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A brouhaha is a fuss or a commotion, especially one over something of exaggerated importance.1 The word came to English from French in the late 19th century, and it is used throughout the English-speaking world. The earliest known instance of the word in English is from the American writer Oliver Wendell Holmes’s 1891 book Over the Teacups:

“Yes,” he answered, modestly, “I enjoy the brouhaha, if you choose to consider it such, of all this quarrelsome menagerie of noise-making machines, brought into order and harmony by the presiding genius.”

But the word was not widely used until the middle 20th century.

Brouhaha’s exact origins in French are unknown. Some sources suggest it may come from the Hebrew barúkh habá, meaning blessed be the one who comes,2 though no one has explained how the modern English word could have developed from this.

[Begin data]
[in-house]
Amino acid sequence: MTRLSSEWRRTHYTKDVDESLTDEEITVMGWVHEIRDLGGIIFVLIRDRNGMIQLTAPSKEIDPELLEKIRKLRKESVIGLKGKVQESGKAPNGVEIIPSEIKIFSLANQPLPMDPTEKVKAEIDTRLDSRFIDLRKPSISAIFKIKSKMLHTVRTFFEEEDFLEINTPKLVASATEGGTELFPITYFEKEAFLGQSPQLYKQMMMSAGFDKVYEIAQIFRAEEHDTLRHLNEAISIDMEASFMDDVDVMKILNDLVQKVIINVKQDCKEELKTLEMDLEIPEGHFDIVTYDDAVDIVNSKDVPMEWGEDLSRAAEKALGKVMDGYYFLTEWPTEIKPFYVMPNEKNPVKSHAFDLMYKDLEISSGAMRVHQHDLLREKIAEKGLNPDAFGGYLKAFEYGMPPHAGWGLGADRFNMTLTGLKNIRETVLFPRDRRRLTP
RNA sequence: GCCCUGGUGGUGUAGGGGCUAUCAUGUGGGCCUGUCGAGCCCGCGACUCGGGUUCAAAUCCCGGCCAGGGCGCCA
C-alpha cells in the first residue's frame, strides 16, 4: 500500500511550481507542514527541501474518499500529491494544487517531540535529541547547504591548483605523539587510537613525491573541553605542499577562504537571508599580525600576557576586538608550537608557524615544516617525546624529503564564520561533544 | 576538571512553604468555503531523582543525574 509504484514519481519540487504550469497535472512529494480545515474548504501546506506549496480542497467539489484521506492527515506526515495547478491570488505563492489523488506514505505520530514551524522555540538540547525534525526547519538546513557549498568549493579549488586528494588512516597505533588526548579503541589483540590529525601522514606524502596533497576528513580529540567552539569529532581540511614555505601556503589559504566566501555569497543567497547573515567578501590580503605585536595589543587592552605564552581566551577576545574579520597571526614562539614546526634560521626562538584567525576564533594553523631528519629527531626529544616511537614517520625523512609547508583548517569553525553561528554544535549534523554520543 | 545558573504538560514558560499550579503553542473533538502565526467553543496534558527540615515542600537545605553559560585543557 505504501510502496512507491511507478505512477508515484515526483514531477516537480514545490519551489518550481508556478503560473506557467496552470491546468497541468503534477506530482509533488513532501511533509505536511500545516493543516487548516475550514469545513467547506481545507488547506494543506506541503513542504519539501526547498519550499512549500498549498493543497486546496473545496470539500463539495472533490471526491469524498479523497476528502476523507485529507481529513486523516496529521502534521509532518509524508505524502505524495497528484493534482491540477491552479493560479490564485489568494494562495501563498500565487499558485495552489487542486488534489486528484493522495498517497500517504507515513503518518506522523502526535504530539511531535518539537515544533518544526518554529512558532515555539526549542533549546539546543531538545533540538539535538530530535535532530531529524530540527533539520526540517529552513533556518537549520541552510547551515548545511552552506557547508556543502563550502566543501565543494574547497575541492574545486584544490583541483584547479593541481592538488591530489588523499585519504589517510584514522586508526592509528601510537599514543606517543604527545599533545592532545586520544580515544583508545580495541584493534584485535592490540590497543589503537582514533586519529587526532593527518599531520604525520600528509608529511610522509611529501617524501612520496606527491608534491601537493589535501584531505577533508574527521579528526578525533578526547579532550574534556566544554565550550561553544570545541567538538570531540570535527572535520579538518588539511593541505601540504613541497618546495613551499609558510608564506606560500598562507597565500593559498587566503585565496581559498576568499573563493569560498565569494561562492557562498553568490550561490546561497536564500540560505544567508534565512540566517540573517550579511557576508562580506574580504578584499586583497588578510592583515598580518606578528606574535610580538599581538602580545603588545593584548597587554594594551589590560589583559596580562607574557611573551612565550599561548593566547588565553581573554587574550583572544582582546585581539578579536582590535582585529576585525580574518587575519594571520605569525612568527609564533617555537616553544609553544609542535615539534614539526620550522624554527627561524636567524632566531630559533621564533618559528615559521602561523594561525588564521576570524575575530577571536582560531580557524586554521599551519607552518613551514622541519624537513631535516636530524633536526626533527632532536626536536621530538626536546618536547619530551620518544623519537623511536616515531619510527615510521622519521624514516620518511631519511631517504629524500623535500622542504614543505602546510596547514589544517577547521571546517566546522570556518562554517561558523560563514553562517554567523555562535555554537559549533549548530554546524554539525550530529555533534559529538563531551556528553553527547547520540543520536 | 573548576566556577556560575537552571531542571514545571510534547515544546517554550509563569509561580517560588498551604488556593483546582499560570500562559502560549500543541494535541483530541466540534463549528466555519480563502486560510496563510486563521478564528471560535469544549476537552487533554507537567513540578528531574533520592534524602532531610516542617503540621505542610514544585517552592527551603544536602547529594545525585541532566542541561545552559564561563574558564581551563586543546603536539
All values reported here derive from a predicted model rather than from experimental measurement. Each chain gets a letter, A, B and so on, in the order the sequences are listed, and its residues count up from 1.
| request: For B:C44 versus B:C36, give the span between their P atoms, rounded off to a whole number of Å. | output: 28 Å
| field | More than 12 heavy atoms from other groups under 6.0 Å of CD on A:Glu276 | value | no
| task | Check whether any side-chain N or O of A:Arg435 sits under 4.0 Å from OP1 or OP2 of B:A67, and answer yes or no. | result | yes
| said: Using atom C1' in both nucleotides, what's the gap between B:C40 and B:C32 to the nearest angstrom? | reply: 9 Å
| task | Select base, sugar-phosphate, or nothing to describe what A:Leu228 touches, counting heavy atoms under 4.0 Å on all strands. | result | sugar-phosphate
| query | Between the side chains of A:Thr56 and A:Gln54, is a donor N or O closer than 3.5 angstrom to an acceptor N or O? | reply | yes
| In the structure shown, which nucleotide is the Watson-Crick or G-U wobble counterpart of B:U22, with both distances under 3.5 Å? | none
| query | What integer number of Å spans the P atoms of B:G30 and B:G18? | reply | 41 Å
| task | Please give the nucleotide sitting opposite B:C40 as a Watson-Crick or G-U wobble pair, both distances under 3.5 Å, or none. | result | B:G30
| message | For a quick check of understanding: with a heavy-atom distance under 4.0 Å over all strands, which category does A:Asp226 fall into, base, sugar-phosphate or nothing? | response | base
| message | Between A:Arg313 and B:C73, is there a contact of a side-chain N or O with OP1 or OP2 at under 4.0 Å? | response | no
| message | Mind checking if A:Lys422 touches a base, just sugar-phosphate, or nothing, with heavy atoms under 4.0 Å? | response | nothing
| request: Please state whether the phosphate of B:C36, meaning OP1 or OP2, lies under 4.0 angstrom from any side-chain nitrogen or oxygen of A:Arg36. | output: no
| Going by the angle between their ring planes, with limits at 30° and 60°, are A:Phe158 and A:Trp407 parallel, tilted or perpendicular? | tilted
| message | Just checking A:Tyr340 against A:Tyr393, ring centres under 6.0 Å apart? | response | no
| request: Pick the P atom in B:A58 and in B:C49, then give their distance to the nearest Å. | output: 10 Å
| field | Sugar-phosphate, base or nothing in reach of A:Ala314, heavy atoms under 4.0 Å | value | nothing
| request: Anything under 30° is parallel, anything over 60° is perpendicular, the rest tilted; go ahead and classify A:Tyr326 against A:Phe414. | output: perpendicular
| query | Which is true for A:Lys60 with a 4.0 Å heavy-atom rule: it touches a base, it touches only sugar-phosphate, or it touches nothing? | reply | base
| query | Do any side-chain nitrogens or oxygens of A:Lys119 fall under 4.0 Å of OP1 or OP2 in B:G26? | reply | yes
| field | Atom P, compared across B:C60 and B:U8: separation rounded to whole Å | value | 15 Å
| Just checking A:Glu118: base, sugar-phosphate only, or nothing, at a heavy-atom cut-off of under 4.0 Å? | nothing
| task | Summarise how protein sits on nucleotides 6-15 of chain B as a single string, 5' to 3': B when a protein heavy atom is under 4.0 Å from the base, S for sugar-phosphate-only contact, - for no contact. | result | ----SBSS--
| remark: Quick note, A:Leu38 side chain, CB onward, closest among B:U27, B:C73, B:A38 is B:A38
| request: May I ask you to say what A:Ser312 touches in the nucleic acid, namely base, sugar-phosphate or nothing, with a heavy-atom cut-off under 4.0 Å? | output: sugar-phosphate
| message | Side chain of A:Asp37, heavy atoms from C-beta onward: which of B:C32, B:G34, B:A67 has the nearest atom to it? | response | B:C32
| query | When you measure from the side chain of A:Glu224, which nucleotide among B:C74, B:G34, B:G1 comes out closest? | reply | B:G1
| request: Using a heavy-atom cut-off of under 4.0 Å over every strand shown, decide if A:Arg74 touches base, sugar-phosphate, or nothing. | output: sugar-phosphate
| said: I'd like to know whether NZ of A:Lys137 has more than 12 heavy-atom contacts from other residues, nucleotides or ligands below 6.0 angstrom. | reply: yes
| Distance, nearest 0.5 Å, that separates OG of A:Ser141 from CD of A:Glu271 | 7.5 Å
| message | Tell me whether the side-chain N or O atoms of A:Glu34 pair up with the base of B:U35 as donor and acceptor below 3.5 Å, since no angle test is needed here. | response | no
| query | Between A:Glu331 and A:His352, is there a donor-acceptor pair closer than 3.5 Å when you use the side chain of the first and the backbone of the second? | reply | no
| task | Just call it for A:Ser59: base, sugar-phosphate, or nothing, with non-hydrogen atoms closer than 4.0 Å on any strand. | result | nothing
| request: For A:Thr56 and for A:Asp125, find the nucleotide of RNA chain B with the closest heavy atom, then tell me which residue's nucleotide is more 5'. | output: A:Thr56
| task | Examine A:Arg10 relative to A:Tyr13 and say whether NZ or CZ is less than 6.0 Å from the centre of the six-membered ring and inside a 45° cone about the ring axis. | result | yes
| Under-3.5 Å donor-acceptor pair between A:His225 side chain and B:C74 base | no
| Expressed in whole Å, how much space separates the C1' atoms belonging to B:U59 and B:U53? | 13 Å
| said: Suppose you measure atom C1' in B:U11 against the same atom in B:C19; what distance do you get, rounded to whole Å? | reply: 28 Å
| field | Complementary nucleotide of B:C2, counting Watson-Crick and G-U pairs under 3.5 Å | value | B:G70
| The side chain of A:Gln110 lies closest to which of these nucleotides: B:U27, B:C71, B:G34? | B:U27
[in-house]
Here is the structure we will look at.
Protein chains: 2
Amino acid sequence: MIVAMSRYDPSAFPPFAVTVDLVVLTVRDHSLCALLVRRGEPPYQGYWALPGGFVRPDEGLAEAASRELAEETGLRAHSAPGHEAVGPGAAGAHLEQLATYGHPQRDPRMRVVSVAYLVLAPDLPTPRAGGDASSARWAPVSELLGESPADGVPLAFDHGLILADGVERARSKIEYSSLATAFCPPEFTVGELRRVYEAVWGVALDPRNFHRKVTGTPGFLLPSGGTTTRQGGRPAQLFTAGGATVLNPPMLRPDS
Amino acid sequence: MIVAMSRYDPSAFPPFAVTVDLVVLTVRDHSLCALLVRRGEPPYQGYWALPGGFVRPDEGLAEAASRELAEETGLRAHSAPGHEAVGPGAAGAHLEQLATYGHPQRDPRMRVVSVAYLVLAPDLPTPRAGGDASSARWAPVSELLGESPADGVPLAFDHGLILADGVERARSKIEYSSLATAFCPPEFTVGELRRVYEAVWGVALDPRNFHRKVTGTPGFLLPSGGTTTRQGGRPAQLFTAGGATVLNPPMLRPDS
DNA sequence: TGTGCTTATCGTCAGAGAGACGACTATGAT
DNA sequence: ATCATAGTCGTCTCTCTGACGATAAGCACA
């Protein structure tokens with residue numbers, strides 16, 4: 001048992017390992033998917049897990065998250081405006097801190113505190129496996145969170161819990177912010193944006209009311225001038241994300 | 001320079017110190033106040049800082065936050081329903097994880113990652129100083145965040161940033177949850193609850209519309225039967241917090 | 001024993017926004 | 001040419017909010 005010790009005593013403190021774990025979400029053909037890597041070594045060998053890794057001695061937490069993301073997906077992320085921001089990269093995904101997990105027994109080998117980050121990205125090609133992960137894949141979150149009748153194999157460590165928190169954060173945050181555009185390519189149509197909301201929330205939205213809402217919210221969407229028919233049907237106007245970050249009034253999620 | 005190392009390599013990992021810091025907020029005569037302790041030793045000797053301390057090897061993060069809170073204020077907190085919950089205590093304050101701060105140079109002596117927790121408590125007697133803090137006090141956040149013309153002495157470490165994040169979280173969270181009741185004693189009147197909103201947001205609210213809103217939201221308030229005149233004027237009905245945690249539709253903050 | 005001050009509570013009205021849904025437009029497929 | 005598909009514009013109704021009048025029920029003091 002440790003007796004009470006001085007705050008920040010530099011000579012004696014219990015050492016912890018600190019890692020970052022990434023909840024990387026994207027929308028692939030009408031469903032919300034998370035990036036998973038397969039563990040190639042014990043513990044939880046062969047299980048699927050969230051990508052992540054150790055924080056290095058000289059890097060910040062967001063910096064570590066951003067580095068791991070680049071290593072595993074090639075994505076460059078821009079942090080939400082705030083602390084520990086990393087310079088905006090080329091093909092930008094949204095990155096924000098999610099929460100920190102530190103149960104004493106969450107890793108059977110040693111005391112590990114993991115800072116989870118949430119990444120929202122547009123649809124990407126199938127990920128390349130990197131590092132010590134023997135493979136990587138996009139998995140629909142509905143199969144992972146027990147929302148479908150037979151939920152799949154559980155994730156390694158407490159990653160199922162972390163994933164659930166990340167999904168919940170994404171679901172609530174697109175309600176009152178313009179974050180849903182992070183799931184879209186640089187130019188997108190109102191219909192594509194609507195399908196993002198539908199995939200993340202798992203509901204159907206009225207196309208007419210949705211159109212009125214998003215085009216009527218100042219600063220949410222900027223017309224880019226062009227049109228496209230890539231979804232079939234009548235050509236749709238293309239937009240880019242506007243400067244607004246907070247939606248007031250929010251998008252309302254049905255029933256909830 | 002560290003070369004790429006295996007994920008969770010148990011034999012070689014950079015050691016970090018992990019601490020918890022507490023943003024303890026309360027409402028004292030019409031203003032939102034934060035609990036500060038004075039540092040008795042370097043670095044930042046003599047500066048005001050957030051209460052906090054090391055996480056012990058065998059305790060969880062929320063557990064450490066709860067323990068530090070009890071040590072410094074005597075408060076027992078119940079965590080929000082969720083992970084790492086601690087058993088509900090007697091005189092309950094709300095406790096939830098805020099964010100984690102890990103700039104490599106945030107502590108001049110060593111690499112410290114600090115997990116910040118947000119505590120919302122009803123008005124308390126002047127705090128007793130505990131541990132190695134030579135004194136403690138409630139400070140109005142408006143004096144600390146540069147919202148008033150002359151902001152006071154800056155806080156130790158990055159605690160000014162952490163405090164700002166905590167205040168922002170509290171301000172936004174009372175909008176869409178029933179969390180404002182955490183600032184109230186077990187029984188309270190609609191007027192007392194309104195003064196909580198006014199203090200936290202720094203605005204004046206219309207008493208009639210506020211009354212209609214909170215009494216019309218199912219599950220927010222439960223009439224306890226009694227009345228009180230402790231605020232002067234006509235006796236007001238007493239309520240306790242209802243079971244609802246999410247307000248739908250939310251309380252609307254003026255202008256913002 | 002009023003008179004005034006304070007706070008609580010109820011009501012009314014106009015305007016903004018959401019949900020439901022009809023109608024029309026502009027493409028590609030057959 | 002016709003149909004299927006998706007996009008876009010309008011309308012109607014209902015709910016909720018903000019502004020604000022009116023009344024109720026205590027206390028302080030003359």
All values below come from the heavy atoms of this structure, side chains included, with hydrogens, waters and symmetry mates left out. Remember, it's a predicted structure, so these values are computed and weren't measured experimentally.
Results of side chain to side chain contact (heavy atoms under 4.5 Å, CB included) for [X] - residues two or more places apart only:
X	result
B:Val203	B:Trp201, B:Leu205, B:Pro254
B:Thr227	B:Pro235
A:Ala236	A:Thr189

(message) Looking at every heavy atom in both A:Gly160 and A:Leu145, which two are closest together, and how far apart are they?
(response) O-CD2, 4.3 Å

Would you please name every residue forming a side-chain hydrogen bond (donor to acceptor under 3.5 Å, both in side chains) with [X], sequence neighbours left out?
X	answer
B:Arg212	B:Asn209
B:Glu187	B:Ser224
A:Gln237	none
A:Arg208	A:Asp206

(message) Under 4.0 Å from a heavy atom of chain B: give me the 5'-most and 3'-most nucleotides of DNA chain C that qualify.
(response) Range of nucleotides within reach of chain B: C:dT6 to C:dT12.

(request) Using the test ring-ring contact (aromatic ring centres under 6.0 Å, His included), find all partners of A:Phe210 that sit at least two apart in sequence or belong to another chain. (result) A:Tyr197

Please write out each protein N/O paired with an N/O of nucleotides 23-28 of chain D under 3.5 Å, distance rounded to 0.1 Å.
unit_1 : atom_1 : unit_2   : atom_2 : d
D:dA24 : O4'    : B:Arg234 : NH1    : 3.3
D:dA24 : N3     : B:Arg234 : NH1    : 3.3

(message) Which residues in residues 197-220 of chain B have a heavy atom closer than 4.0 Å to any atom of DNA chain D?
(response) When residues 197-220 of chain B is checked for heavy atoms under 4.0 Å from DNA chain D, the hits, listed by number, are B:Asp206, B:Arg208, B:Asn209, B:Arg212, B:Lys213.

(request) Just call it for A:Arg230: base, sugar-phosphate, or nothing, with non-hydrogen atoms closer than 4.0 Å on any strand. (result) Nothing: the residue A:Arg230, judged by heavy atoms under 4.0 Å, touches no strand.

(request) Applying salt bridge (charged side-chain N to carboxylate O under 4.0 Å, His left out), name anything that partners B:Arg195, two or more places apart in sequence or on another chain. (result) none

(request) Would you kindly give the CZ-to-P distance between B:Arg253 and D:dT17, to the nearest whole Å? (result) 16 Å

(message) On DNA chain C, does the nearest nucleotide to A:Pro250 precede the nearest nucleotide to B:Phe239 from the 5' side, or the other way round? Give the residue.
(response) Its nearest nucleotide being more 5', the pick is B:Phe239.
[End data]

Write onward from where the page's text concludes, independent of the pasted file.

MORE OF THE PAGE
Remember the brouhaha about $563 million in Obama administration loan guarantees to Solyndra, the solar panel manufacturer that went belly up last fall? [New York Times]

Without the brouhaha from the Liberal Democrats, the Bill would have been passed, unamended, a year ago. [Independent]

But, as the clocked edged closer to 3 a.m., the jovial brouhaha turned nasty. [National Post]

Sydney’s Centennial Park is destined to become the centre of the latest brouhaha between recreational cyclists and local authorities. [Sydney Morning Herald]

It’s almost as cringe-inducing as the awkward moment when Steven Tyler made fun of Jennifer Lopez’s much-ado-about-nothing Oscars “nipple slip” brouhaha. [Los Angeles Times]


1. “Brouhaha” in the OED (subscription required)
2. Chambers Dictionary of Etymologyir?t=grammarist 20&l=as2&o=1&a=0550142304